Tex-Mex foursome, The Last Bandoleros, open up ahead of show with Sting


Sitting in the back of a tour bus playing video games and sipping cocktails, the Tex-Mex foursome, The Last Bandoleros ponder the thought of their current world tour with the legendary Sting. They never anticipated the booming success that would stem from writing song’s at guitarist Jerry Fuentes’ mom’s house a few years back. Deriving from different backgrounds, the four share one commonplace interest – making music.

Dubbed as one of Rolling Stone‘s 10 New Country Artists You Need to Know, The Last Bandoleros are on the rise with their 1 part Tex-Mex, 1 part Brit-Pop and 2 parts Country/Rock. One week out from performing with former The Police guitarist Sting at Atlanta’s storied Tabernacle, we caught up with band to discuss their first live performance, Emilio Navaira’s influence and favorite past times.

Thank you for taking the time to “chat” with us. The band’s self-titled debut EP has garnered rave reviews everywhere I peruse, CONGRATULATIONS! So, first cliché question, how have your lives changed over the last year or so?

Thank you! Well, for starters, we’re writing you from our tour bus in between playing video games and sipping cocktails, haHa! 🙂 The things that have happened over the past year have been incredible. When the four of us started writing songs at Jerry’s mom’s house a couple years ago, we never thought it would lead to a deal with Warner Music Nashville and a world tour with Sting.

The Last Bandoleros! Fantastic name. How quickly did you collectively agree to this moniker? What other names did you guys kick the tires on?

We were in a group text for about 2 months sending names back and forth. We finally came to The Last Bandoleros. Some of the other early contenders were already taken. But Derek’s lone favorite was “Wizard Sticks.”

What do you remember from your first ever live performance? Any missteps you guys look back on and laugh?

Our first ever live performance as The Last Bandoleros was in San Antonio at a club called 502. The hardest part of that first gig was remembering the lyrics! We had just finished writing all these tunes and hadn’t quite gotten them under our fingers yet. But between remembering the lyrics and busting guitar strings, it was great to see those songs come to life.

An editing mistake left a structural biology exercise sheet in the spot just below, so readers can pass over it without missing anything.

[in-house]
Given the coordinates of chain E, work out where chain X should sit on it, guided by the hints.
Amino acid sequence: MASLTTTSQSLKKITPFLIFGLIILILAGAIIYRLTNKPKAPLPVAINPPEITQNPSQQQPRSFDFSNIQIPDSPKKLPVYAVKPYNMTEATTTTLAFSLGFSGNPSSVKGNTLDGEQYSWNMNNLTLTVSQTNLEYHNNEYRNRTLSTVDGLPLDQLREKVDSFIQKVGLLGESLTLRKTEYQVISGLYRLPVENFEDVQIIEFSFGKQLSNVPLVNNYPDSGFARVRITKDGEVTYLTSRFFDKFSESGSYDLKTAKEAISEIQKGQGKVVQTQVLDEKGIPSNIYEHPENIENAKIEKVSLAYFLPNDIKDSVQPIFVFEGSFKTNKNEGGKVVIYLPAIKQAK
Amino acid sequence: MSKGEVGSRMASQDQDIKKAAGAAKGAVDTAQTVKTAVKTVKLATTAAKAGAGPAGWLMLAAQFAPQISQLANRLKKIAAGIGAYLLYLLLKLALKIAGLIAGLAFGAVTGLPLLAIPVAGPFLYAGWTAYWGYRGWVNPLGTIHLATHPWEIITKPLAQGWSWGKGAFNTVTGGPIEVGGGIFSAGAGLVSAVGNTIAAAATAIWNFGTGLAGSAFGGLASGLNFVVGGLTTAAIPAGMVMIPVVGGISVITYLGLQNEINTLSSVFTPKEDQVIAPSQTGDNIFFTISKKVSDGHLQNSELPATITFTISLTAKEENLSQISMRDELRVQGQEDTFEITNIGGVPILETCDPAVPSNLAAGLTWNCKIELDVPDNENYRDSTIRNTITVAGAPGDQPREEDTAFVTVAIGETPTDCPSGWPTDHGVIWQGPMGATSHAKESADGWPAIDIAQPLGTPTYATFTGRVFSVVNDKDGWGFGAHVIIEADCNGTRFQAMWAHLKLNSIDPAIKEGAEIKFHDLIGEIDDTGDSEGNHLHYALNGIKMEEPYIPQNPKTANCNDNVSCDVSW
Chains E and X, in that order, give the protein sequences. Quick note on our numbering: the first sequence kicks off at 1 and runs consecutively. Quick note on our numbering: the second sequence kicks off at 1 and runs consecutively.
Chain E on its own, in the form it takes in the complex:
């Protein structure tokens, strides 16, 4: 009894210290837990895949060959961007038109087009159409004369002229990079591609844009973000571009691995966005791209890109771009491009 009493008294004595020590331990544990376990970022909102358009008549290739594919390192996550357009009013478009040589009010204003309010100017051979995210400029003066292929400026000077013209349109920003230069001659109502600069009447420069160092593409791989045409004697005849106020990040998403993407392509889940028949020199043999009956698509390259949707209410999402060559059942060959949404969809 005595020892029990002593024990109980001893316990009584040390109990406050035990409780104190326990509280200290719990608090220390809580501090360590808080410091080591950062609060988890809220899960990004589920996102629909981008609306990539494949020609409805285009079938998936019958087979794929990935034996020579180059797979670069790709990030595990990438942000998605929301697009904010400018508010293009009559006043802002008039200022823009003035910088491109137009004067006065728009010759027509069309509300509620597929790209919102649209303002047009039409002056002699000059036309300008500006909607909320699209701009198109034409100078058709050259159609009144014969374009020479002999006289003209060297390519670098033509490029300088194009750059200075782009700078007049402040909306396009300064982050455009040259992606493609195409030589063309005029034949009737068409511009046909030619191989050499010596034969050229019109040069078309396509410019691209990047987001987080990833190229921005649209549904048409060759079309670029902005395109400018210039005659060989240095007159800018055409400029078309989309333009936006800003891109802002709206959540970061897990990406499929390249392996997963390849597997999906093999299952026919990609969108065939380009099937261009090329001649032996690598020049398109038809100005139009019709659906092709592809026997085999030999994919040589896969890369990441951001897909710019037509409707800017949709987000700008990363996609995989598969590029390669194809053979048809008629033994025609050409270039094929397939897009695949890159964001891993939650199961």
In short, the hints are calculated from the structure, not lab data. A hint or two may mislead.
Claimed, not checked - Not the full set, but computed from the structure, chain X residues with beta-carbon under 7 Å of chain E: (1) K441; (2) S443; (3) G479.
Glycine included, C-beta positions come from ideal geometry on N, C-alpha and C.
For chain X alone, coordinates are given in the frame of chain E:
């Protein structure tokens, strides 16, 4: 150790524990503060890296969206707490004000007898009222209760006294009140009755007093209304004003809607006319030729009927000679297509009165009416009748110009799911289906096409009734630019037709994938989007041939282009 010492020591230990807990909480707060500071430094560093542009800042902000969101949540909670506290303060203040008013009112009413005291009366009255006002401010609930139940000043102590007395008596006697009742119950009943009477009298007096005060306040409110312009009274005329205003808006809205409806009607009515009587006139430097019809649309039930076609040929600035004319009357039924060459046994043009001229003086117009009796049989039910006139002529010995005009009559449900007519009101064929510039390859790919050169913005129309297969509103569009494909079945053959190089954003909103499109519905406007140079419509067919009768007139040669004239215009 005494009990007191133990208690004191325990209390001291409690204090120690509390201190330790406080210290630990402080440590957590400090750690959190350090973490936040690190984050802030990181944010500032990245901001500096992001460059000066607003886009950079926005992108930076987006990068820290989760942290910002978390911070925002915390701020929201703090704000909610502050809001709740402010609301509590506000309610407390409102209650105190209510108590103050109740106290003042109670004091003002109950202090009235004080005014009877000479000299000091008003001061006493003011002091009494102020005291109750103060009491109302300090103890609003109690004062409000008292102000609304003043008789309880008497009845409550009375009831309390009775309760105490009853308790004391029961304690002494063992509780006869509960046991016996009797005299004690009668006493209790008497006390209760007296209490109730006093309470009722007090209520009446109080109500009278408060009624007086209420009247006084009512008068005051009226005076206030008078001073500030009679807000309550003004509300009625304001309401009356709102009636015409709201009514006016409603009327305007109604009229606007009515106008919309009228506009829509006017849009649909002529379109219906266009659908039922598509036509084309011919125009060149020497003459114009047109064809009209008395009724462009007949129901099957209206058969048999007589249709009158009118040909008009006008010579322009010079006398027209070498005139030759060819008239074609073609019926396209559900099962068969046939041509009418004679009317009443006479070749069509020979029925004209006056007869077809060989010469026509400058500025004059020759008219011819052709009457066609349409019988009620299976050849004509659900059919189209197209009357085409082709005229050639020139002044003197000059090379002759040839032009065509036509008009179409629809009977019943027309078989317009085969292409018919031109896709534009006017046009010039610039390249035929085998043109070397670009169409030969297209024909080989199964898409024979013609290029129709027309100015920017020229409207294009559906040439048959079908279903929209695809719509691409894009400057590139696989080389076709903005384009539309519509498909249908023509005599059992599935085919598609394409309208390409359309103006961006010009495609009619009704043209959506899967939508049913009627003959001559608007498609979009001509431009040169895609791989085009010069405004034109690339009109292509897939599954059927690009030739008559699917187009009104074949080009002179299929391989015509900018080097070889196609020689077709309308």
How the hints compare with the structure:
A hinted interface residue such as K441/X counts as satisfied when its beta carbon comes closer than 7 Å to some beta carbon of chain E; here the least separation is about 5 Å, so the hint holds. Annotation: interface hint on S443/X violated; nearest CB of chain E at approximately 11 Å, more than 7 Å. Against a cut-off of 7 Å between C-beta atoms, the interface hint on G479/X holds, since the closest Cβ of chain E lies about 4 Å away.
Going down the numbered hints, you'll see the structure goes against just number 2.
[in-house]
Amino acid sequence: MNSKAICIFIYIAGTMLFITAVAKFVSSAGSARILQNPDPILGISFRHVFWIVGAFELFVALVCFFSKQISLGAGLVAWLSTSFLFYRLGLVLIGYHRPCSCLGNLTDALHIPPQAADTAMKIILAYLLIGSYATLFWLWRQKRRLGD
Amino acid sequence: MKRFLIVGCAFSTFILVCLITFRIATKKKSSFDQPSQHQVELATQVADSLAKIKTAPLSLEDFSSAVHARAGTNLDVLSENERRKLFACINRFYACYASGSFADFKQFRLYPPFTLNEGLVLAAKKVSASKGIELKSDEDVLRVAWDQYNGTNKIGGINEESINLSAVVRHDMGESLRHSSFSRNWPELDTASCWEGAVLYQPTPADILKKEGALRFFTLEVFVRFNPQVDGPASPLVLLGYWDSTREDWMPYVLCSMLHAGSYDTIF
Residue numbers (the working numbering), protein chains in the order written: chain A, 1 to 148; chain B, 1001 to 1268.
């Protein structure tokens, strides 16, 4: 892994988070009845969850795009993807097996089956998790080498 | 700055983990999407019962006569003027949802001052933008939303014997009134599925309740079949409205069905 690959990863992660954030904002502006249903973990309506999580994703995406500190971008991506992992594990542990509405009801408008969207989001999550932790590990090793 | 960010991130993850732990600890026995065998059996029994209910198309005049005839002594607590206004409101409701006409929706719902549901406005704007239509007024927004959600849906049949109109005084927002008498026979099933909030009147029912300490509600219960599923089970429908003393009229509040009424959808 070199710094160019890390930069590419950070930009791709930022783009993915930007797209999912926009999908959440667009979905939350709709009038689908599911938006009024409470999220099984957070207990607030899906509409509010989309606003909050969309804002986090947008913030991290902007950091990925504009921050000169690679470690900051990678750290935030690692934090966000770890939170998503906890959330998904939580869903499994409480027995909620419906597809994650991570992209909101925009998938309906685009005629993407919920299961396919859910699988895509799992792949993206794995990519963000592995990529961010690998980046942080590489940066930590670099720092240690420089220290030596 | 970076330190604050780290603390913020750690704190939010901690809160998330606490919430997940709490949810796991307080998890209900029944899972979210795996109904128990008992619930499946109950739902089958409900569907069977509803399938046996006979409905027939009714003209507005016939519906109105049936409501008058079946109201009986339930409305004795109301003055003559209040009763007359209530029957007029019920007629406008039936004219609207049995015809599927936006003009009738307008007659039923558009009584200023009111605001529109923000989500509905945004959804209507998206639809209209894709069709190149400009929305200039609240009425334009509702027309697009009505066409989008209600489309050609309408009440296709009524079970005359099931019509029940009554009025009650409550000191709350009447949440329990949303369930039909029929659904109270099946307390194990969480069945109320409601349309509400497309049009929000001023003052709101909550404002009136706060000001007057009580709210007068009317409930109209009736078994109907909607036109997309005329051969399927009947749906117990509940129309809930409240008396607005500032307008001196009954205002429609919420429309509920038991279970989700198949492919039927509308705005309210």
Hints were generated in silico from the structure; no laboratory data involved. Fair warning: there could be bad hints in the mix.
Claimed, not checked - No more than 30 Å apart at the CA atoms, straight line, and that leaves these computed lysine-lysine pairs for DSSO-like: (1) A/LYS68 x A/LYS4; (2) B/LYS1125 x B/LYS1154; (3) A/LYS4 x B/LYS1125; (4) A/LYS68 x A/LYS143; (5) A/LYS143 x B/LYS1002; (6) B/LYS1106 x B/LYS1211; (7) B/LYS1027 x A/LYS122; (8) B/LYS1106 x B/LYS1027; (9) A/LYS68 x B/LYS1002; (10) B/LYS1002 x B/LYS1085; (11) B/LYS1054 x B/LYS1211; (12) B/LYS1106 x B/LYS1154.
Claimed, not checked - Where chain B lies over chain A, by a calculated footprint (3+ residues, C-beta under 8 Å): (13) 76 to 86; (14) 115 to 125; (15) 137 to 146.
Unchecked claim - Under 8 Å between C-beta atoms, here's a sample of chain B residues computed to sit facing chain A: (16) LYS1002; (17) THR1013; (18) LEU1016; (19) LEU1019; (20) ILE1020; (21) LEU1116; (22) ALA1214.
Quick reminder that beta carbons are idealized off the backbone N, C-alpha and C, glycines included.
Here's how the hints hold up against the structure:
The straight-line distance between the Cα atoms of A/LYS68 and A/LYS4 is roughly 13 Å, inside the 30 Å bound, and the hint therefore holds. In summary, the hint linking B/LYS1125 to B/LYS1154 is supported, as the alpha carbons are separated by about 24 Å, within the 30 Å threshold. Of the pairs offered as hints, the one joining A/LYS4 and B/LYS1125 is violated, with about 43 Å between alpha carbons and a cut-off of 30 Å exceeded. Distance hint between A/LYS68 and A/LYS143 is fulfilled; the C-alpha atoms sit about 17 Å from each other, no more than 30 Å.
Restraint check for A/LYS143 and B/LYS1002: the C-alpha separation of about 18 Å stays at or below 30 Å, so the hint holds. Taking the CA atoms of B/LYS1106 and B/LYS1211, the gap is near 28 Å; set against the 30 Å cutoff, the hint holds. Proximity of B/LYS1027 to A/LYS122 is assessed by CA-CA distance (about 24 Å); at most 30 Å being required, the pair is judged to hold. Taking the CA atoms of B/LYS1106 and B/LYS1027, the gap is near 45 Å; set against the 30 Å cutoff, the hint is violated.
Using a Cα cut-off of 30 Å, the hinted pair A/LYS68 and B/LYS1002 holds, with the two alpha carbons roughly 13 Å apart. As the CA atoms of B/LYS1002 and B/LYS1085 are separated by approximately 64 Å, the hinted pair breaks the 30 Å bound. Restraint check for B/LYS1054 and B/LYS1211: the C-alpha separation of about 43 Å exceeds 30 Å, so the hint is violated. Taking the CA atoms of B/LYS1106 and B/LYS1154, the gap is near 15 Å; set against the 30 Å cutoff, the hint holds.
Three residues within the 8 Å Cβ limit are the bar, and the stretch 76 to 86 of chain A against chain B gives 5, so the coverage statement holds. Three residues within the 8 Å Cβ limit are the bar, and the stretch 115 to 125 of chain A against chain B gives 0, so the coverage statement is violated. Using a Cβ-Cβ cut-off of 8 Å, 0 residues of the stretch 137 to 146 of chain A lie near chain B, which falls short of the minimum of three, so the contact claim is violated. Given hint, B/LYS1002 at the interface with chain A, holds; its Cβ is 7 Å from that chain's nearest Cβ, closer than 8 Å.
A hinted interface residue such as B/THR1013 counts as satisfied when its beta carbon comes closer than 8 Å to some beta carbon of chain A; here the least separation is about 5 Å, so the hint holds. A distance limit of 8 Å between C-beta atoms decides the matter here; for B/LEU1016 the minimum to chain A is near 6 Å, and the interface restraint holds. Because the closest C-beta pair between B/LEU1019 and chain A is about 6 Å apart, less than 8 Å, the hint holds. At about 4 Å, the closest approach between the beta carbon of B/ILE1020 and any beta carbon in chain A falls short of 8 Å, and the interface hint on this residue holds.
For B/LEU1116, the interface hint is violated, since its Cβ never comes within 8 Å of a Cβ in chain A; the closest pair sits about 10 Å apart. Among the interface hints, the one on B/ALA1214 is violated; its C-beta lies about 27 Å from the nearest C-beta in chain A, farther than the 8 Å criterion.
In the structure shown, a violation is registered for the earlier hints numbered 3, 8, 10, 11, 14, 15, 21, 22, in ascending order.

While researching the band, I came across articles stating influences like The Beatles and Tex-Mex music. Talk about opposite ends of the spectrum; however, when listening to the EP, you can hear and feel the fusion. How difficult is it to obtain that “perfect” balanced fusion you want to achieve?

At times it can be very difficult. TLB is a four-headed creature. We’re all connected but we each have our own creative personality that makes this what it is. The “balance” happens naturally, when the best musical ideas rise to the top.”

Emilio and Diego, you guys have direct ties with the late Tejano music great Emilio Navaira. He’s your father after all. Getting a little personal, are there any anecdotes you’d like to share with our public about Emilio and his influence on you growing up?

Our dad is our biggest influence. There was a time when he had kidney stones and could barely speak and was tearing up, but he got on stage and sang his ass off anyway. He taught us to play every show like it was our last, and that’s given us so much confidence anytime an instrument is in our hands. We learned not to be afraid on stage through him.

The maturity in your tracks makes it hard to believe how young you guys are. Accomplishing a deal with Warner Music Nashville and touring alongside the great Sting are quite the resume boosts. How do you handle such quickly obtained success?

Although the success has been relatively quick for The Last Bandoleros, each of us personally have been doing music for quite some time. It’s the combination of all those formative years of experience and a love for our musical predecessors that we think seeps into our sound.

Speaking of success, what advice would you bestow upon up and coming bands?

Get a degree in finance. Ha

But if you are stricken with same curse, stick with it, perseverance is your best friend.

One by one, aside from music, favorite pastime?

Derek: Herding cattle
Jerry: Computers
Emilio: Spurs Basketball
Diego: Revealing magic tricks

To close out the interview, I want to touch on a delicate subject. As descendants of immigrants, how is the political turmoil our nation is facing today impacting your lives? Your music? What advice and/or hope would you offer other people feeling chased and harassed?

We all feel very fortunate that we have the freedom and ability to make music and share it around the world. Sadly, it’s a freedom that not everyone on this planet shares, and we don’t take it for granted. Our hearts and prayers go out to any and all that don’t share those same freedoms.

Ok, last question for real now, with every live performance, are there any pre-show or post-show rituals, collectively or individually?

Pre show: Shot of Jack Daniels and a group huddle.
After the show: we usually make a sandwich and Diego performs magic tricks.

The Last Bandoleros, along with Sting, perform at The Tabernacle in Atlanta, Ga. on Monday, Fe. 27 at 7 p.m. Tickets for the show can be purchased HERE. For more information on The Last Bandoleros and additional tour dates, click HERE

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